Scientology recognizes the existence of an impersonal supreme being, but one very different from the Judeo-Christian God believed to be actively involved in human affairs. Hubbard formally established the Church of Scientology in 1953.
The official Scientology Web site, in explaining the faith, says: "Man is an immortal spiritual being. His experience extends well beyond a single lifetime. His capabilities are unlimited, even if not presently realized. Scientology further holds man to be basically good, and that his spiritual salvation depends upon himself and his fellows and his attainment of brotherhood with the universe."
Q: Is there anything scientific about Scientology?
A: It is certainly "scientistic" — it uses jargon and gizmos that seem scientific.
For instance, there's the "e-meter," a sort of low-level lie detector. The person being examined — "audited" is the official term — holds two metal cans connected by a wire to the meter. Stress affects conductivity, so the auditor searches for words or situations that jiggle the needle. Scientologists believe that those jiggles are evidence of engrams.
Auditors focus on those areas, desensitizing the person through repetition, until the needle no longer jiggles. Scientologists believe that's evidence that the engram has been released. When they're all released, the person is considered "clear."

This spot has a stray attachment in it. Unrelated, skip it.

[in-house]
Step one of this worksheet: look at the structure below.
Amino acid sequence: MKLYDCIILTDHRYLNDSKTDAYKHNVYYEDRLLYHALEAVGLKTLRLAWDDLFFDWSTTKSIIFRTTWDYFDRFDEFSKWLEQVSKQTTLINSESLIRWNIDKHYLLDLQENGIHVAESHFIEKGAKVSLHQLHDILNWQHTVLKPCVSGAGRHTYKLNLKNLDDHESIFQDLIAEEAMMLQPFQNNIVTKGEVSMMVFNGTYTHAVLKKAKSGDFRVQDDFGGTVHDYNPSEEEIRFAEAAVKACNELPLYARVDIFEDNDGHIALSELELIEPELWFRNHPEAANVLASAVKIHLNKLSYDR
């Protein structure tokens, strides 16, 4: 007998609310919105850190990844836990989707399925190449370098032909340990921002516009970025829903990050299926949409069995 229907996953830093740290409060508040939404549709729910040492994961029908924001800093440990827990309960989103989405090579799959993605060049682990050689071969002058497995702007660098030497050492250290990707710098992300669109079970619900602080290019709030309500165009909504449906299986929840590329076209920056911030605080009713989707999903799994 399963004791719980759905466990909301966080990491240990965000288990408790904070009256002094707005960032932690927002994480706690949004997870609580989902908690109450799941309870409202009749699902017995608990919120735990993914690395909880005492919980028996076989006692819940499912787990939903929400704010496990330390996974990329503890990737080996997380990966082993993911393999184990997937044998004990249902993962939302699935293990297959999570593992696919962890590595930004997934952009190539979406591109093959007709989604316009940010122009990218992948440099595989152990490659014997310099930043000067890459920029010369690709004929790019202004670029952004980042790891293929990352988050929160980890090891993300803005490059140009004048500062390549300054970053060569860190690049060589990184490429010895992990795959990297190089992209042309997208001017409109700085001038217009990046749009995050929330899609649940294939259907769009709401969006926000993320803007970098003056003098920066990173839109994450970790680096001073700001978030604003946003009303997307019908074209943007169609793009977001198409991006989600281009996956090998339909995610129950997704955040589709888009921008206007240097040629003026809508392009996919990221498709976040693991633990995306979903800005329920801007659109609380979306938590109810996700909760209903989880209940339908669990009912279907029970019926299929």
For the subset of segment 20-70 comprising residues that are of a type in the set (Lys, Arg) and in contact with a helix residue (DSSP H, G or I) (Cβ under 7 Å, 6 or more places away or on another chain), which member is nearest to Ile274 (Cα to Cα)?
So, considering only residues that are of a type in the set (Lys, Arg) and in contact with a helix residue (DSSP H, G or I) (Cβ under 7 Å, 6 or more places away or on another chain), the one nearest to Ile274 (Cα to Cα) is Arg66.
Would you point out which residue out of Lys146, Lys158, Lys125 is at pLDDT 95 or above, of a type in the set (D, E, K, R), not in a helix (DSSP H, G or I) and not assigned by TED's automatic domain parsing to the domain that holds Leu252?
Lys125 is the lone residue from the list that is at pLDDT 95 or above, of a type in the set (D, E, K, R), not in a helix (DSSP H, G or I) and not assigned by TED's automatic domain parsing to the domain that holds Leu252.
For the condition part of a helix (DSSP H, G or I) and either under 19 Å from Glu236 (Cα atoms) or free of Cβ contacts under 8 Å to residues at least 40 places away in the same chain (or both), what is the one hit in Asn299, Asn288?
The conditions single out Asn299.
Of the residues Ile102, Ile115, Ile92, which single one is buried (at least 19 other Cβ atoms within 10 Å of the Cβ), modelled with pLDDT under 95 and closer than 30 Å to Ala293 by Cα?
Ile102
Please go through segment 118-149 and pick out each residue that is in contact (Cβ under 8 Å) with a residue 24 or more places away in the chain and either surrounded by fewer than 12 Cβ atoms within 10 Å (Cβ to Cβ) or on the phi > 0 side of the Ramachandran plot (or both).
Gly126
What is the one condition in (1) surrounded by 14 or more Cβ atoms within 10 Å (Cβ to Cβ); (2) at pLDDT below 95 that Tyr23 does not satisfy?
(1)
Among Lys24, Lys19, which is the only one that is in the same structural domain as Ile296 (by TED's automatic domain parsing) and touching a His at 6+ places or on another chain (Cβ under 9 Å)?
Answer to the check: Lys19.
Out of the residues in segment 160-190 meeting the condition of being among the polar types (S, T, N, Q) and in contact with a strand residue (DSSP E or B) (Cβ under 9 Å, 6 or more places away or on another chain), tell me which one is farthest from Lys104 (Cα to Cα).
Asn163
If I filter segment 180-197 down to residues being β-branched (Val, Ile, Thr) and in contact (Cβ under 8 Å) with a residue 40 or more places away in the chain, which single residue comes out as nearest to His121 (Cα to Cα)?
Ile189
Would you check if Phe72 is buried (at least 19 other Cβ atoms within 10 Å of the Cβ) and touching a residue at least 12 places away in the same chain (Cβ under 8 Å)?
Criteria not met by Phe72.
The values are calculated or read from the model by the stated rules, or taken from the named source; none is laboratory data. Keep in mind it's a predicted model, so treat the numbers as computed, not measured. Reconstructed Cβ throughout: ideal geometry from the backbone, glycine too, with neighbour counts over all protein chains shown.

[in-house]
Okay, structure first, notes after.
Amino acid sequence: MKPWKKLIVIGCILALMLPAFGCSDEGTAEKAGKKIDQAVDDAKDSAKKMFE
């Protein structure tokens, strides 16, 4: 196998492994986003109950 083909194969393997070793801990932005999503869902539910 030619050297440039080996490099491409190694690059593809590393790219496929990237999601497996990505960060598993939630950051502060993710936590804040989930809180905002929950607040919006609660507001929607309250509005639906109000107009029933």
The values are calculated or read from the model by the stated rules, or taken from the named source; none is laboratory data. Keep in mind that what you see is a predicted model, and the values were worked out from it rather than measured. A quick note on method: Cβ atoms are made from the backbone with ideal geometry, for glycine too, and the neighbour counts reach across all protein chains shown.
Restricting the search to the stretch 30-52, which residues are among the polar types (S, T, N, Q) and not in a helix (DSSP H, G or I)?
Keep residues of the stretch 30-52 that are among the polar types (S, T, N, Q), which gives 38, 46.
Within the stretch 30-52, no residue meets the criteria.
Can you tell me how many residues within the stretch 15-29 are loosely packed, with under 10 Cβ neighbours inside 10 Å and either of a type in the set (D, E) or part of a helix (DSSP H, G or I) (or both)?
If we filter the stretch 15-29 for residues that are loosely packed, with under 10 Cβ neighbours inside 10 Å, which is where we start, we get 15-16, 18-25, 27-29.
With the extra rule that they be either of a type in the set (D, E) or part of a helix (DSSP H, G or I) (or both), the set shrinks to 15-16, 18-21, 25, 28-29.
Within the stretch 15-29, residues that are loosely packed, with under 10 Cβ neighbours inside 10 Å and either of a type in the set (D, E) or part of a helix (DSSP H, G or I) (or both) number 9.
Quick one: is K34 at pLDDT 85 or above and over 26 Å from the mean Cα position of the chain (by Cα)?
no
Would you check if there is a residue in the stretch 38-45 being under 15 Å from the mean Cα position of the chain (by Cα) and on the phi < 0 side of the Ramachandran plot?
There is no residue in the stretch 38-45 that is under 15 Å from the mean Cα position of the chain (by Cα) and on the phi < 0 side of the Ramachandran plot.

Scientologists pay to be audited and for many other classes and training sessions. Some news accounts estimate that Cruise, a Scientologist for decades, has spent hundreds of thousands of dollars on his training.
Q: What's Scientology's beef with psychiatry?
A: Recall Scientology's origin — the claim of a perfect explanation for all psychological ailments. If all it takes to cure someone of these ills is a noninvasive procedure, then drugs and other tools of psychology, including electroshock therapy, just create needless suffering.
Q: What controversies has the Church of Scientology been involved in?
A: Some former members and others accuse the church of coercing people to join and punishing those who leave. Reporters who wrote critically about Scientology said they've been harassed with lawsuits and subjected to personal attacks.
There's no argument about the church's litigious history. Supporters say the many suits have been filed in self-defense.
Several governments have investigated the church on allegations of cult activities. Germany, France, the United Kingdom and Canada, among others, have taken official positions against Scientology. Some of those have been reversed, and the church is trying to overturn other critical rulings.
Q: Why are so many celebrities Scientologists?
A: It's an optical illusion. In truth, no more than a half-dozen or so celebrities have been publicly associated with Scientology. In addition to Cruise, Travolta and Alley, you have Kelly Preston (Travolta's wife), Isaac Hayes, Chick Corea, Greta Van Susteren.
We hear about celebrities following any religious movement because they're celebrities: Buddhism has Richard Gere, Phil Jackson and Tina Turner. Madonna, Britney Spears and Demi Moore are famously associated with Kabbalah.
Q: Where can I get more information?
Copyright © 2005 The Seattle Times Company